New Hampshire town lost $2.3 million in email scam

Foreign criminal actors impersonated a school district and a construction firm to rip off Peterborough, N.H., which is unlikely to recover the funds, officials said.
email scam concept
(Getty Images)

Officials in Peterborough, New Hampshire, said Monday the government of the 7,000-person town lost $2.3 million to an email fraud scheme and that recovering the money is doubtful.

In a press release, Town Administrator Nicole MacStay and Board Chair Tyler Ward wrote that the scam came in two waves. On July 26, town officials were notified by the nearby ConVal School District that it had missed a $1.2 million monthly payment. An investigation revealed that the Peterborough finance department had, in fact, already transferred the funds to an account posing as the school district.

The town’s cybersecurity vendor, Atom Group, determined that criminals using forged documents and email addresses had impersonated the school district and tricked local officials into sending the $1.2 million to their account. The incident is also being investigated by the U.S. Secret Service, which determined that the stolen funds were eventually converted to cryptocurrency.

As the investigation into the phony school payments was still playing out, officials learned on Aug. 18 of more wrongful payments, this time supposedly meant for a local construction firm working on a bridge-repair project. Officials said the same criminal actors, who are based outside the United States, used similar tactics used in the school-payment fraud.


“These criminals were very sophisticated and took advantage of the transparent nature of public sector work to identify the most valuable transactions and focus their actions on diverting those transfers,” the press release reads.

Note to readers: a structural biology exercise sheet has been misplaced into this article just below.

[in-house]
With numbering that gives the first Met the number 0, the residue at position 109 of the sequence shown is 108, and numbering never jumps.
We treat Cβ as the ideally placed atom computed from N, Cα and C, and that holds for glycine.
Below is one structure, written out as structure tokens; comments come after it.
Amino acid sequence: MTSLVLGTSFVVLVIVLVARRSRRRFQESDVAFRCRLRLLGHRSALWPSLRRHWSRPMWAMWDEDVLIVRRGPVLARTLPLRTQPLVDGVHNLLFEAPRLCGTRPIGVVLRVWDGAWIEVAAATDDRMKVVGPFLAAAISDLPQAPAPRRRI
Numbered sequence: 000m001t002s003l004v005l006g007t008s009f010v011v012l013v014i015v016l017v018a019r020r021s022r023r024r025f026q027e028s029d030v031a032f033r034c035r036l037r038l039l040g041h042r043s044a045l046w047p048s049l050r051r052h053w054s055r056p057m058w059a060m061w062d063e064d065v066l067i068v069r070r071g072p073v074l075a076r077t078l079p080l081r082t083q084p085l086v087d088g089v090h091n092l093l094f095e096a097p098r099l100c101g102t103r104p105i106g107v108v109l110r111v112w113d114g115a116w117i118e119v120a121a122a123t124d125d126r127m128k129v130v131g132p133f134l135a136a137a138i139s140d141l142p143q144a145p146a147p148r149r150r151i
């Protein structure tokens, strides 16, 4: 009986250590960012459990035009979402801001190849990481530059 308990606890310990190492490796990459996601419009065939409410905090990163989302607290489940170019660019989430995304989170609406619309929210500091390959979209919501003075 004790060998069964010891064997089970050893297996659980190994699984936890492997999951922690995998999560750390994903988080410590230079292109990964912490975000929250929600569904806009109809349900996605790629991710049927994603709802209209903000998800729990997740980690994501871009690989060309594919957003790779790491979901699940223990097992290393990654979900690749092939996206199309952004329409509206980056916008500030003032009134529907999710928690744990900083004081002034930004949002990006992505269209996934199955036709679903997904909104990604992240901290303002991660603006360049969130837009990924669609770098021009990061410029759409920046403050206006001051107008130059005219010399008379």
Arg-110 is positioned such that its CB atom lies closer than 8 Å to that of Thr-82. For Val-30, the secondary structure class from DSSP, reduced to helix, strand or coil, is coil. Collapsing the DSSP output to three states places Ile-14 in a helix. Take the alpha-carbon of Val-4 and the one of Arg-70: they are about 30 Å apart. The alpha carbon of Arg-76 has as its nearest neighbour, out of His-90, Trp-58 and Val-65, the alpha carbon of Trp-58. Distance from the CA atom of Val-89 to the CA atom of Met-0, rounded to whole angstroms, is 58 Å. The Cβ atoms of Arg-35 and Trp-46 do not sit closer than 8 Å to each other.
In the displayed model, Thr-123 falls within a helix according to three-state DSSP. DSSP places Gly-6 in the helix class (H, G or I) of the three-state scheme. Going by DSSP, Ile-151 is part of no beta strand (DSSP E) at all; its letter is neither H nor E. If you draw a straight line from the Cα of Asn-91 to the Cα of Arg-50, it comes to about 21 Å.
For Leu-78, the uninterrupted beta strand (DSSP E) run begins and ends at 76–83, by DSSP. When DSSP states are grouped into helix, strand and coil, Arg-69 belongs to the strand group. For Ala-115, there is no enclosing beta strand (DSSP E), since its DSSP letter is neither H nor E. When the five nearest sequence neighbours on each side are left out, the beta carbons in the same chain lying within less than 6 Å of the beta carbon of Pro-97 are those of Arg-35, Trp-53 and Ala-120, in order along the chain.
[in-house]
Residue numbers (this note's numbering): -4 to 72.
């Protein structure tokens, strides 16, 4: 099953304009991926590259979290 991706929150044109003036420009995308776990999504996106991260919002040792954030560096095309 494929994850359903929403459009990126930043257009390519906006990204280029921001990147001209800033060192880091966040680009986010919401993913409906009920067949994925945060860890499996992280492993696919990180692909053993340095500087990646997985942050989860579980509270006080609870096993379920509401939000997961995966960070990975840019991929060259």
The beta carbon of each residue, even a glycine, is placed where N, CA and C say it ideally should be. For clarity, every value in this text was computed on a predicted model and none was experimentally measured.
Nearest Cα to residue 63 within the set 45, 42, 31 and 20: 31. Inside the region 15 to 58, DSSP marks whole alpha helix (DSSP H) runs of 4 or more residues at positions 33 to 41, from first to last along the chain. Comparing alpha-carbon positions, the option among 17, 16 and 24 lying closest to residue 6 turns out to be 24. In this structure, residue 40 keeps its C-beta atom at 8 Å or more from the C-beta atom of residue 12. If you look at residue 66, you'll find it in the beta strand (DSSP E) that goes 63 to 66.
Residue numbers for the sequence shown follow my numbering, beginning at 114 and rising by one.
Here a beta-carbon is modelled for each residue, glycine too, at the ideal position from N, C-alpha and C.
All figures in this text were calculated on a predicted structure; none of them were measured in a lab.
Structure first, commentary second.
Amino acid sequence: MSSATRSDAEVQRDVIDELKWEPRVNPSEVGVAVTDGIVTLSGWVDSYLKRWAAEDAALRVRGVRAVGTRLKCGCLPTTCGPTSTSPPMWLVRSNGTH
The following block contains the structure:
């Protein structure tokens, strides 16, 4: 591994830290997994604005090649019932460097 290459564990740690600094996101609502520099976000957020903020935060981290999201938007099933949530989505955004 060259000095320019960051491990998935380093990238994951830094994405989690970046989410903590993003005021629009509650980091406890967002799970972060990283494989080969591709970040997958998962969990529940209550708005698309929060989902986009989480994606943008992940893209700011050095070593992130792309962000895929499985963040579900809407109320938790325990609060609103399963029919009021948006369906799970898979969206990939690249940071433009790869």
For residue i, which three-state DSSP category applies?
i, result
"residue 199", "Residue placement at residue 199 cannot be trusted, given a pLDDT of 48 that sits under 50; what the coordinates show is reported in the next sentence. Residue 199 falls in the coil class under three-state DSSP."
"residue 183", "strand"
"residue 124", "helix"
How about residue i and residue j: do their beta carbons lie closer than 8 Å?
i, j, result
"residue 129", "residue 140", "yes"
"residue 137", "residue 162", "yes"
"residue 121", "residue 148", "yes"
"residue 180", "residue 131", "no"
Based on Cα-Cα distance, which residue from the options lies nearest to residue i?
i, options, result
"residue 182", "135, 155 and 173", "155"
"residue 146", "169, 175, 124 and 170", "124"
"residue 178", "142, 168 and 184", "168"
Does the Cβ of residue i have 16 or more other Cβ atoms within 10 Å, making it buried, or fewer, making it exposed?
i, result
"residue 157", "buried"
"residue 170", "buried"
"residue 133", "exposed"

Peterborough is also unlikely to recover the $2.3 million it lost. Officials said they do not believe the transactions can be reversed, and most insurance policies do not cover losses to business email compromise. That could be a significant financial blow to the town, which has an annual budget of $15.8 million.

“The town didn’t have enough of a double-check process,” a state official familiar with the incident told StateScoop. “When they got a change of [automated clearing house] address, they didn’t validate. That’s where everything goes to hell.”

Although ransomware gets the bulk of public attention, business email compromise still accounts for the vast majority of financial losses to cybercriminal activity, totaling nearly $1.9 billion in 2020, according to the FBI Internet Crime Complaint Center’s annual report.

New Hampshire held a cybersecurity training retreat for its local governments in April, but many towns lack dedicated cybersecurity personnel trained in preventing cybercrime.


“I can almost guarantee they have no dedicated info security person for a town of that size,” the state official said.

The New Hampshire state government has plans to continue training and awareness for local governments, but is waiting for federal grants before it can begin.

Benjamin Freed

Written by Benjamin Freed

Benjamin Freed was the managing editor of StateScoop and EdScoop, covering cybersecurity issues affecting state and local governments across the country. He wrote extensively about ransomware, election security and the federal government’s role in assisting states and cities with information security.

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